So they brought the young men bound to the temple. Now the name of the one they knew, for they had heard his companion call to him, but the name of the other they knew not. And when Iphigenia saw them, she bade the people loose their bonds, for that being holy to the goddess they were free. And then--for she took the two for brothers--she asked them, saying, "Who is your mother and your father and your sister, if a sister you have? She will be bereaved of noble brothers this day. And whence come ye?" To her Orestes answered, "What meanest thou, lady, by lamenting in this fashion over us? I hold it folly in him who must die that he should bemoan himself. Pity us not; we know what manner of sacrifices ye have in this land." "Tell me now, which of ye two is called Pylades?" "Not I, but this my companion." "Of what city in the land of Greece are ye? And are ye brothers born of one mother?" "Brothers we are, but in friendship, not in blood." "And what is thy name?" "That I tell thee not. Thou hast power over my body, but not over my name." "Wilt thou not tell me thy country?" And when he told her that his country was Argos, she asked him many things, as about Troy, and Helen, and Calchas the prophet, and Ulysses; and at last she said, "And Achilles, son of Thetis of the sea, is he yet alive?" "He is dead and his marriage that was made at Aulis is of no effect." "A false marriage it was, as some know full well." "Who art thou that inquirest thus about matters in Greece?"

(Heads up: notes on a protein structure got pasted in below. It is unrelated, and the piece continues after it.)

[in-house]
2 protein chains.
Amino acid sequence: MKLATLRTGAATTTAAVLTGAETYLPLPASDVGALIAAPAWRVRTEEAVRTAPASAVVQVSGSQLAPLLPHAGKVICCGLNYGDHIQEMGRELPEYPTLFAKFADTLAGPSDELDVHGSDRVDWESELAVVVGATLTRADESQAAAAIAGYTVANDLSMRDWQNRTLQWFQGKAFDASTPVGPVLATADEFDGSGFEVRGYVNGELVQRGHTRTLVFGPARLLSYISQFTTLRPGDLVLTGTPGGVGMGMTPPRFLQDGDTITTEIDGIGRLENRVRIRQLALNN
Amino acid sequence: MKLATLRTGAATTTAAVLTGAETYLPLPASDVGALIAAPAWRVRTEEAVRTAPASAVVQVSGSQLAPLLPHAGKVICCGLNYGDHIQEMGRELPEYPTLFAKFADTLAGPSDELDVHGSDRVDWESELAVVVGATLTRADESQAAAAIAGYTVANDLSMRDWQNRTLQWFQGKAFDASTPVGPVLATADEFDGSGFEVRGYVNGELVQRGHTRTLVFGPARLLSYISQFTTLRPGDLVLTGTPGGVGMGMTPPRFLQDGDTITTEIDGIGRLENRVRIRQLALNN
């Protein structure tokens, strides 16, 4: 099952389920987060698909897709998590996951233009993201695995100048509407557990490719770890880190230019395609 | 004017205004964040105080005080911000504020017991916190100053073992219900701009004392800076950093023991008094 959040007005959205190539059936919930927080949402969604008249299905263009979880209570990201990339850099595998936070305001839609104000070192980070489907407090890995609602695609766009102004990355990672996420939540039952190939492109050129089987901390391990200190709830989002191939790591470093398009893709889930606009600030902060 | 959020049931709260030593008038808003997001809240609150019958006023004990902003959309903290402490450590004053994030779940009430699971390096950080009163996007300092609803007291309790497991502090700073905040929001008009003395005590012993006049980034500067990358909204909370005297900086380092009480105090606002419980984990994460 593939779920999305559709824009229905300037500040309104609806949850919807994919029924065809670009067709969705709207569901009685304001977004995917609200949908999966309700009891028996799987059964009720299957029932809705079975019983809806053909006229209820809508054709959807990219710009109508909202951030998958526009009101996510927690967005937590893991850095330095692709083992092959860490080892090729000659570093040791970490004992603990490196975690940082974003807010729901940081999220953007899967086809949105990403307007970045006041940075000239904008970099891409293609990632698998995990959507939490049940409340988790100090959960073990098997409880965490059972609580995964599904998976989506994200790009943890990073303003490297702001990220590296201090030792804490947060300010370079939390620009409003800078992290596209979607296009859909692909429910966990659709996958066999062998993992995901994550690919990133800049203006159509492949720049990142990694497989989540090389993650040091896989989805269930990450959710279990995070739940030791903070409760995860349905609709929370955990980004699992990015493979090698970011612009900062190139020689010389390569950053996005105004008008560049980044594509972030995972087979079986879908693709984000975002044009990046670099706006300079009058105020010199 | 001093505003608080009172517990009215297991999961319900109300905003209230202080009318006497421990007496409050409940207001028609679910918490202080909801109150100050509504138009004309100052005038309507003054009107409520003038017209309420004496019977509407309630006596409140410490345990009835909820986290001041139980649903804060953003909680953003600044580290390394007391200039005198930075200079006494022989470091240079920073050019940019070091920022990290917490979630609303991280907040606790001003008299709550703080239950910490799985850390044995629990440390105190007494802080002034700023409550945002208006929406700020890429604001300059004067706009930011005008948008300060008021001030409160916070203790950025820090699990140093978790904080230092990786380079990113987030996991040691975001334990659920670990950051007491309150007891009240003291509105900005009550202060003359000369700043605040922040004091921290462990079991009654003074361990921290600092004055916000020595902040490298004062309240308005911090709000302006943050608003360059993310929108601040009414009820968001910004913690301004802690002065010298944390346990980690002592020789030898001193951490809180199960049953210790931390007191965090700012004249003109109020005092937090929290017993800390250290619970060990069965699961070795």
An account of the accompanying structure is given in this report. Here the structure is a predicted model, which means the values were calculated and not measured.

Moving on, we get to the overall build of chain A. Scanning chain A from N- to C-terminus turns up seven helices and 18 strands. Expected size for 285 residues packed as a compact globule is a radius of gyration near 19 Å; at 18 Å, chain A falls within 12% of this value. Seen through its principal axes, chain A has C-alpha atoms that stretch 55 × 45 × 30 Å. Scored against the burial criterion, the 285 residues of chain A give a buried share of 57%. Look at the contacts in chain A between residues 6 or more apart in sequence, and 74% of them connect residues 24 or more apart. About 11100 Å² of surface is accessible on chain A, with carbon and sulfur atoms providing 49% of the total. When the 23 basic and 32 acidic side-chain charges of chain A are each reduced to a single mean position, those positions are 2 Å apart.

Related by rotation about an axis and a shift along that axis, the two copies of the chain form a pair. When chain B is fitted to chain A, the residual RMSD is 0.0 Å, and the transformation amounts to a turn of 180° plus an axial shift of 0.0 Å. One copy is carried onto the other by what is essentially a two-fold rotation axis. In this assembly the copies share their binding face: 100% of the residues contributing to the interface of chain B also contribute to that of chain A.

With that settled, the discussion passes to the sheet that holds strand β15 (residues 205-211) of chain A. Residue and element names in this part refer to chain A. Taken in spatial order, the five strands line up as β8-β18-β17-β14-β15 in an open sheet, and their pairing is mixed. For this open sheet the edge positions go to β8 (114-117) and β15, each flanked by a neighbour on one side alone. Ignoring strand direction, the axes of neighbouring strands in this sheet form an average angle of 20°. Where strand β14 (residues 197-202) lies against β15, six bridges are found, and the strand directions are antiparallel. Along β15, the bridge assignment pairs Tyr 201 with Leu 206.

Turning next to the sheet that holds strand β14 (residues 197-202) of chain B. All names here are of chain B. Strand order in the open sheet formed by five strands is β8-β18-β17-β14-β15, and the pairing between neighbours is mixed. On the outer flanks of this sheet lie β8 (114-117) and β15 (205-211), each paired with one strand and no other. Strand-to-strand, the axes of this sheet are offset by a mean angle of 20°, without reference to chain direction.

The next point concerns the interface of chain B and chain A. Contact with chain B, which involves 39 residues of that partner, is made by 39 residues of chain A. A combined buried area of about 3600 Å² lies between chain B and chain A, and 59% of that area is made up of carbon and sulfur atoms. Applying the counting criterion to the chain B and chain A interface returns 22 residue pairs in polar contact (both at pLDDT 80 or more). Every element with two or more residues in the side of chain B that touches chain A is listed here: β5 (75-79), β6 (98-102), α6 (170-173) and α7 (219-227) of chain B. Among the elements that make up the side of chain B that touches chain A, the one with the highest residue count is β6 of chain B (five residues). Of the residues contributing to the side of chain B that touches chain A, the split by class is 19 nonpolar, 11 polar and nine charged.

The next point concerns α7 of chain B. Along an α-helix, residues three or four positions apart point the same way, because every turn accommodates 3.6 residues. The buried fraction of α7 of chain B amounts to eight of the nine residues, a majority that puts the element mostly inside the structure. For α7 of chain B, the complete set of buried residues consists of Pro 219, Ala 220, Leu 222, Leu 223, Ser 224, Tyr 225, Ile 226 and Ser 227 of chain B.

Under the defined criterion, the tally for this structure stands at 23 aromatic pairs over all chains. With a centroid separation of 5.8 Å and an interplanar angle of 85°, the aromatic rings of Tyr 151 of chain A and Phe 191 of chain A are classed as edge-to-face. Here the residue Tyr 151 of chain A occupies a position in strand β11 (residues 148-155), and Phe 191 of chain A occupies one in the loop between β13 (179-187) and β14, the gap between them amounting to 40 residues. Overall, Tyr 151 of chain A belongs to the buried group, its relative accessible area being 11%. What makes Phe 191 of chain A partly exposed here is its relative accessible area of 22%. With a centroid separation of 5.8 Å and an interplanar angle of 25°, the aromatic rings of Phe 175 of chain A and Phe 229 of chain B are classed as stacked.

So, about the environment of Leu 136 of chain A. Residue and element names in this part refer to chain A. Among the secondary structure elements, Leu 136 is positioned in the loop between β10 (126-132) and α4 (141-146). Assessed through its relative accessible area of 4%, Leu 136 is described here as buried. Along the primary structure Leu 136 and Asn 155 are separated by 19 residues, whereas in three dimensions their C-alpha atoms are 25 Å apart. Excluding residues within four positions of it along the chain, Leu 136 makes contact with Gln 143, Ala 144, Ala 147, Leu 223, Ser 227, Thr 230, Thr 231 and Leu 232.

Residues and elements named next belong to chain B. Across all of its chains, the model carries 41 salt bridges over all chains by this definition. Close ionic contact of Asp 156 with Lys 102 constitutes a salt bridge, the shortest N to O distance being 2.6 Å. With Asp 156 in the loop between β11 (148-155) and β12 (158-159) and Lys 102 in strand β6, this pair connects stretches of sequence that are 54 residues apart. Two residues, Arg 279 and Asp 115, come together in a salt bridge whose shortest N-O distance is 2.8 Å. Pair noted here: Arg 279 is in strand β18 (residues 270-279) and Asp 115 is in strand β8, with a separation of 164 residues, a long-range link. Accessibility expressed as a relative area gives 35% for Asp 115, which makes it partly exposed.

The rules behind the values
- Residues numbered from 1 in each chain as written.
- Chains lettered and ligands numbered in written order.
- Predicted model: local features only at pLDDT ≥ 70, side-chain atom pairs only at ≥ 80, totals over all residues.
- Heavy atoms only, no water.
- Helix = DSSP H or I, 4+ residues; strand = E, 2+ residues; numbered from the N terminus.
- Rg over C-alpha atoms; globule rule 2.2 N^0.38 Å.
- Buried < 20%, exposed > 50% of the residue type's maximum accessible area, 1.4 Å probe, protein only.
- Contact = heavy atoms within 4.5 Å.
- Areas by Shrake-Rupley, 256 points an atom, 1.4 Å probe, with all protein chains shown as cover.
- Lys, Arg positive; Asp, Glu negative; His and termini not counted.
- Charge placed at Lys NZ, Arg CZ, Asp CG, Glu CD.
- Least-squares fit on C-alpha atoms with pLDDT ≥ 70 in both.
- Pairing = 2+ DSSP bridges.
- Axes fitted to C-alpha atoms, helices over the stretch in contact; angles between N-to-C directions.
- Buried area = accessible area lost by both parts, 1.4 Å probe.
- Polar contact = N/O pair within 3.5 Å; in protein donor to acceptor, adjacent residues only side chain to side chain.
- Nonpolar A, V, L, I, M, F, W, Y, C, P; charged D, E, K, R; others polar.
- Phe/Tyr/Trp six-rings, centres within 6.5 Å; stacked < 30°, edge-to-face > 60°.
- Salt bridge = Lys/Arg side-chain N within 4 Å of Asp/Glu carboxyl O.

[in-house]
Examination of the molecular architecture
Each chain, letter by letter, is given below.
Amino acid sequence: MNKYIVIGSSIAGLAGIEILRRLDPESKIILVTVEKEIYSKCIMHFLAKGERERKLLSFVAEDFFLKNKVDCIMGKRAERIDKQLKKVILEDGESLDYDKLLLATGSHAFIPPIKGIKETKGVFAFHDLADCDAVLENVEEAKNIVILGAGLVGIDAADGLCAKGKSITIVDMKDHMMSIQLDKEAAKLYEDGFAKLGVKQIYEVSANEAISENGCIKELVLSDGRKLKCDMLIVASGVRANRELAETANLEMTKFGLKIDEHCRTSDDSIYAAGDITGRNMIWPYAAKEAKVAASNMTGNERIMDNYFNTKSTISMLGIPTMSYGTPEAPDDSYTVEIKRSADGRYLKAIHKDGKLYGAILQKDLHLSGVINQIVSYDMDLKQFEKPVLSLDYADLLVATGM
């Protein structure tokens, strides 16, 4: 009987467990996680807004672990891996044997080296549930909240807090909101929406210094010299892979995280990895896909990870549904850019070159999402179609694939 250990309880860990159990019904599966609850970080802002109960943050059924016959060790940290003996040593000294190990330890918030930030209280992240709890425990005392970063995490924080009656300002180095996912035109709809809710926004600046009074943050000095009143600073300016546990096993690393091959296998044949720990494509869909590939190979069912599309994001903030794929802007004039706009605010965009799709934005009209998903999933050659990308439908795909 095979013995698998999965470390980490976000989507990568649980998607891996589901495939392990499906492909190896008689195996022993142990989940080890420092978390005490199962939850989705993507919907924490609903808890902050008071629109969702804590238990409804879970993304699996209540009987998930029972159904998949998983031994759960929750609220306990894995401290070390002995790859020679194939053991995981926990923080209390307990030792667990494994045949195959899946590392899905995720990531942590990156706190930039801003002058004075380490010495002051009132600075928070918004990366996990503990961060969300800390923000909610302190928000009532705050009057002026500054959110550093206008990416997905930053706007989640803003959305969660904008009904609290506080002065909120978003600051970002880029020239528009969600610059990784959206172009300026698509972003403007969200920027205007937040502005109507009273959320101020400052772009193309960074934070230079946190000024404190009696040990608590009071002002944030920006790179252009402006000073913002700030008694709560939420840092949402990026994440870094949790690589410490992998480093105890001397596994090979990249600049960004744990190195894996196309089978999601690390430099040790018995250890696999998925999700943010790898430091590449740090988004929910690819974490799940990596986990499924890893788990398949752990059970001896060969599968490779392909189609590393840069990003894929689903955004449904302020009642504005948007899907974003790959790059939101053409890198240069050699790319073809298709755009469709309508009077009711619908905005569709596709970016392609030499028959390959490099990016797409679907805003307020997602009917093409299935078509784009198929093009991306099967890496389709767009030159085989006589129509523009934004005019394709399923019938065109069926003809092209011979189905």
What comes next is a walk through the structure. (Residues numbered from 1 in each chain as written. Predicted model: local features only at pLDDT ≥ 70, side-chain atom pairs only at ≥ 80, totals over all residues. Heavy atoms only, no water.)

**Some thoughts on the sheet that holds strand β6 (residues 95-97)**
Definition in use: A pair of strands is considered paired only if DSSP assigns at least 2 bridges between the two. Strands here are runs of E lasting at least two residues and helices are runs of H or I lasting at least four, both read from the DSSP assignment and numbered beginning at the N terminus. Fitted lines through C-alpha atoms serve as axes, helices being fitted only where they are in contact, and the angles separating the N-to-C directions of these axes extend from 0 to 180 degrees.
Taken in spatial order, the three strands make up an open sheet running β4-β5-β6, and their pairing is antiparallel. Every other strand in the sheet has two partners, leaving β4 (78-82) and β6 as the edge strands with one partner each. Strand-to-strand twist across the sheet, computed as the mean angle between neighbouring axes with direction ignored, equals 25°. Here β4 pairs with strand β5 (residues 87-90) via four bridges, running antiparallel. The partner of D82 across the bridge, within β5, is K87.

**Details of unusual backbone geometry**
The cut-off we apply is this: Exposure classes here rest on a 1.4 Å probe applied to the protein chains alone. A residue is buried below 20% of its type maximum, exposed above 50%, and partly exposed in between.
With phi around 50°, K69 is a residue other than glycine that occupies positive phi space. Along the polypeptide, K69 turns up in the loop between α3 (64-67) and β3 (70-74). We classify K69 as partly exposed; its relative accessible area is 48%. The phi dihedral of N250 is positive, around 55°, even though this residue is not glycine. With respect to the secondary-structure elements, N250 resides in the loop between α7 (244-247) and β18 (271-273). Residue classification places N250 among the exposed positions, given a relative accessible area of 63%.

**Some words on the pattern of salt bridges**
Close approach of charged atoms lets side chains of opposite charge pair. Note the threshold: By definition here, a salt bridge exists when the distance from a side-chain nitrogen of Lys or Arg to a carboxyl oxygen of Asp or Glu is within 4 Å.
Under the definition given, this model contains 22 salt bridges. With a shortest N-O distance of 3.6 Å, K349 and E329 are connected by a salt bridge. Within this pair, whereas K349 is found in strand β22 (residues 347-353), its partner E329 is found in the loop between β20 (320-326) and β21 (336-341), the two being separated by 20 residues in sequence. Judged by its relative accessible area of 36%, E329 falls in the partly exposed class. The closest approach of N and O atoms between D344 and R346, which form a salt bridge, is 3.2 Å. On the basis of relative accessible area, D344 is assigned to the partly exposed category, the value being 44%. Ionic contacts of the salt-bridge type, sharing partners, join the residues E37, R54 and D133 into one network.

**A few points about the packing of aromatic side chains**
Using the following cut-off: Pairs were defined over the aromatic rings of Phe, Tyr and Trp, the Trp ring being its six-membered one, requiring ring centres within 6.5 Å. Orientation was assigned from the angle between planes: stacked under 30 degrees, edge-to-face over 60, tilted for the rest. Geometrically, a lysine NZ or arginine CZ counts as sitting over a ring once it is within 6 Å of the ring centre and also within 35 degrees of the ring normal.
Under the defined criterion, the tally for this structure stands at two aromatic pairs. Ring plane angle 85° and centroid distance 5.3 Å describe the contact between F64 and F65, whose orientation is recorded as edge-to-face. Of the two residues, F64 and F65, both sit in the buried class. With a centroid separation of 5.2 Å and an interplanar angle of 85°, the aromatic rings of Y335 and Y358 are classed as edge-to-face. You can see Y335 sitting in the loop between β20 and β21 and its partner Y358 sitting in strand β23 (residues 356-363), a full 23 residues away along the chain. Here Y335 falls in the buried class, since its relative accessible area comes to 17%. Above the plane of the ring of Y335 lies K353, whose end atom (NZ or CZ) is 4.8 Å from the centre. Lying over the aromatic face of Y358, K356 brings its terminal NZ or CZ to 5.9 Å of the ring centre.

"I am of the land of Greece and was brought thence yet being a child. But there was a certain Agamemnon, son of Atreus; what of him?" "I know not. Lady, leave all talk of him." "Say not so; but do me a pleasure and tell me." "He is dead." "Woe is me! How died he?" "What meaneth thy sorrow? Art thou of his kindred?" "'Tis a pity to think how great he was, and now he hath perished." "He was slain in a most miserable fashion by a woman, but ask no more." "Only this one thing. Is his wife yet alive?" "Nay; for the son whom she bare slew her, taking vengeance for his father." "A dreadful deed, but righteous withal." "Righteous indeed he is, but the gods love him not." "And did the king leave any other child behind him?" "One daughter, Electra by name." "And is his son yet alive?" "He is alive, but no man more miserable." Now when Iphigenia heard that he was alive and knew that she had been deceived by the dreams which she had dreamt, she conceived a thought in her heart and said to Orestes, "Hearken now, for I have somewhat to say to thee that shall bring profit both to thee and to me. Wilt thou, if I save thee from this death, carry tidings of me to Argos to my friends and bear a tablet from me to them? For such a tablet I have with me, which one who was brought captive to this place wrote for me, pitying me, for he knew that I caused not his death, but the law of the goddess in this place. Nor have I yet found a man who should carry this thing to Argos. But thou, I judge, art of noble birth and knowest the city and those with whom I would have communication. Take then this tablet and thy life as a reward, and let this man be sacrificed to the goddess."